"An EPIC Church for EPIC Times"
by Tom Goodman
August 17, 2006
Sociologist Leonard Sweet says we need to be an EPIC church, because we live
in EPIC times. In his writings, the word “EPIC” stands for four characteristics
of our time. These characteristics are culture-wide, and mark those who
attend our church as well as those we’re appealing to. Sweet says that
a relevant ministry today will be—
- E – Experiential.
- Sweet says,
“Each one of us is a . . . wrestler with God. The encounter, the experience,
is the message.” We want to be moved, not just informed. We want to
do something tangible and make a difference. For example, given choices
of where to spend our time and money, we’re as likely to sign up for mission
trips where we’ll sweat as to go to conferences where we’ll study.
- P – Participatory.
- We want to be part of the process, not detached observers: In worship we
want to kneel or raise our hands, we respond to responsive readings, and
we don’t just want a trained group to sing to us—we want to sing with them.
This is an indication that we want, in Sweet’s words, “interactive, immersive,
‘in your face’ participation in the mysteries of God.”
- I – Image-driven.
- Film clips, story telling, meaningful church logos, and symbolism: These
are power tools of church work today. For example, the Lord’s Supper is
becoming more meaningful—and frequent—in many churches.
- C – Connected.
- We want to interact with others, to know and be known. Sweet says, “The
transiency of the culture requires that our community building and hospitality
be more aggressive, not less; more premeditated, not haphazard.” Increasingly,
I’m seeing people connect and identify with a church—even informally calling
it “my church”—before they make a profession of faith. As I’ve said before,
in many cases “belonging precedes believing
I think he’s
pegged our culture—those within our church and those we hope our church will
attract. But we have to be careful how to respond to these observations.
We tend to respond to these kinds of observations like a pendulum—swinging
from one extreme to the other. Instead, we need balance:
People want and need experience, but that doesn’t mean there’s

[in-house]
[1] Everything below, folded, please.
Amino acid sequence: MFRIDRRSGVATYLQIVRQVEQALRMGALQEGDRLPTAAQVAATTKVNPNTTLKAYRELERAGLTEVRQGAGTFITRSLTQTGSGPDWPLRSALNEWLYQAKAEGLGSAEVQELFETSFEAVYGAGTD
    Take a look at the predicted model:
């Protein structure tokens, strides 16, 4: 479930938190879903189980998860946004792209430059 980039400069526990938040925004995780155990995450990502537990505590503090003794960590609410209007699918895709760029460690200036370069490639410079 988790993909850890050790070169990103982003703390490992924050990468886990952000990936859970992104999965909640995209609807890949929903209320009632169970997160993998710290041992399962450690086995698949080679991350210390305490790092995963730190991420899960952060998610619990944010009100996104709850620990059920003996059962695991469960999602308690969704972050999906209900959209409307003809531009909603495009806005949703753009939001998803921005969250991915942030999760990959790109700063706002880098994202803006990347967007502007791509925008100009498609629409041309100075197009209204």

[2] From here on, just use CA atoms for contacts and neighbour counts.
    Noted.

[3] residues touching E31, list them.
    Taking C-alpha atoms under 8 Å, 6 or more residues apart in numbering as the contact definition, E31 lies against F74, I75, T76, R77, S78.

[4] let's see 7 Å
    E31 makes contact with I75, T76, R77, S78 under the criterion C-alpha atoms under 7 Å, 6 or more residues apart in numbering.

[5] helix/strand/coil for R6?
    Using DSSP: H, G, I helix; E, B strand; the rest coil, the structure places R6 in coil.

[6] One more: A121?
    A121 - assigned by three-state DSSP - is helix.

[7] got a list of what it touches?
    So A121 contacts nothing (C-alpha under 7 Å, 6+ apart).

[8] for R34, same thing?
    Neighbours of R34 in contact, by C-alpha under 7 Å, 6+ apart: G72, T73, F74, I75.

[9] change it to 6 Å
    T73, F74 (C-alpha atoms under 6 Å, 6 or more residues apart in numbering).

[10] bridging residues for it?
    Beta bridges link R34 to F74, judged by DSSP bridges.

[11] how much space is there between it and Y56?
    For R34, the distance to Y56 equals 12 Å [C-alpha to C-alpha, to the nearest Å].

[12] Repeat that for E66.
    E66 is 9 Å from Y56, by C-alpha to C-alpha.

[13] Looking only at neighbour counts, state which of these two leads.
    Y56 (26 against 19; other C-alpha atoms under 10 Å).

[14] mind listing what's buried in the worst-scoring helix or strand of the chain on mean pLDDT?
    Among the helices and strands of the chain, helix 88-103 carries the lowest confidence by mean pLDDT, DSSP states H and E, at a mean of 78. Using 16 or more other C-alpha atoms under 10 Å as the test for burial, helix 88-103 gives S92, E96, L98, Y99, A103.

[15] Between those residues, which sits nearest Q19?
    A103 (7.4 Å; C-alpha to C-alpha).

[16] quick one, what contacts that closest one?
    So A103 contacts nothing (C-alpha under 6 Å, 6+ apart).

no longer a place to educate people in our faith. We need to
have “faith” (experience) and know “the faith” (education).
People want and need participation (like congregational singing),
but that certainly doesn’t mean we have no place for presentation (like
prepared ensemble and choral pieces). In fact, any good presentation will
provoke my heart’s participation even if my body or voice is not joining in.
People want and need images, but that doesn’t mean they no longer
need instruction in the propositions of the faith. For example,
Jesus commanded us to observe the Lord’s Supper, but he also told us to instruct.
Every age, generation, and culture will need both images and instruction.
People want and need to be connected to other people in accountability,
but we’ll fail them if we don’t teach people what we used to call competency of
the soul, which means that each of us have the right and the responsibility
of developing our own relationship with God.
So, we need to be an EPIC church, but apparently we have a choice:
In Sweet’s writings, “EPIC” means “experience, participation, image-driven,
and connected.” But it can also mean “education, presentation, instruction,
and competency of the soul.” Which definition will we choose?
You know my answer: Yes!
If our church has emphasized education at the expense of experience,
for example, the solution is not to drop education for the exclusive pursuit
of experience. Instead, we need to consciously include both. The same goes
for the other extremes: participation-versus-presentation, images-versus-information,
and connectivity-versus-competency. If you’ll just change the “versus” to
an “and,” you’ll find the characteristics of a great church!
This article first appeared in LeaderLines March 4, 2004. To review our
LeaderLines archive, click here.
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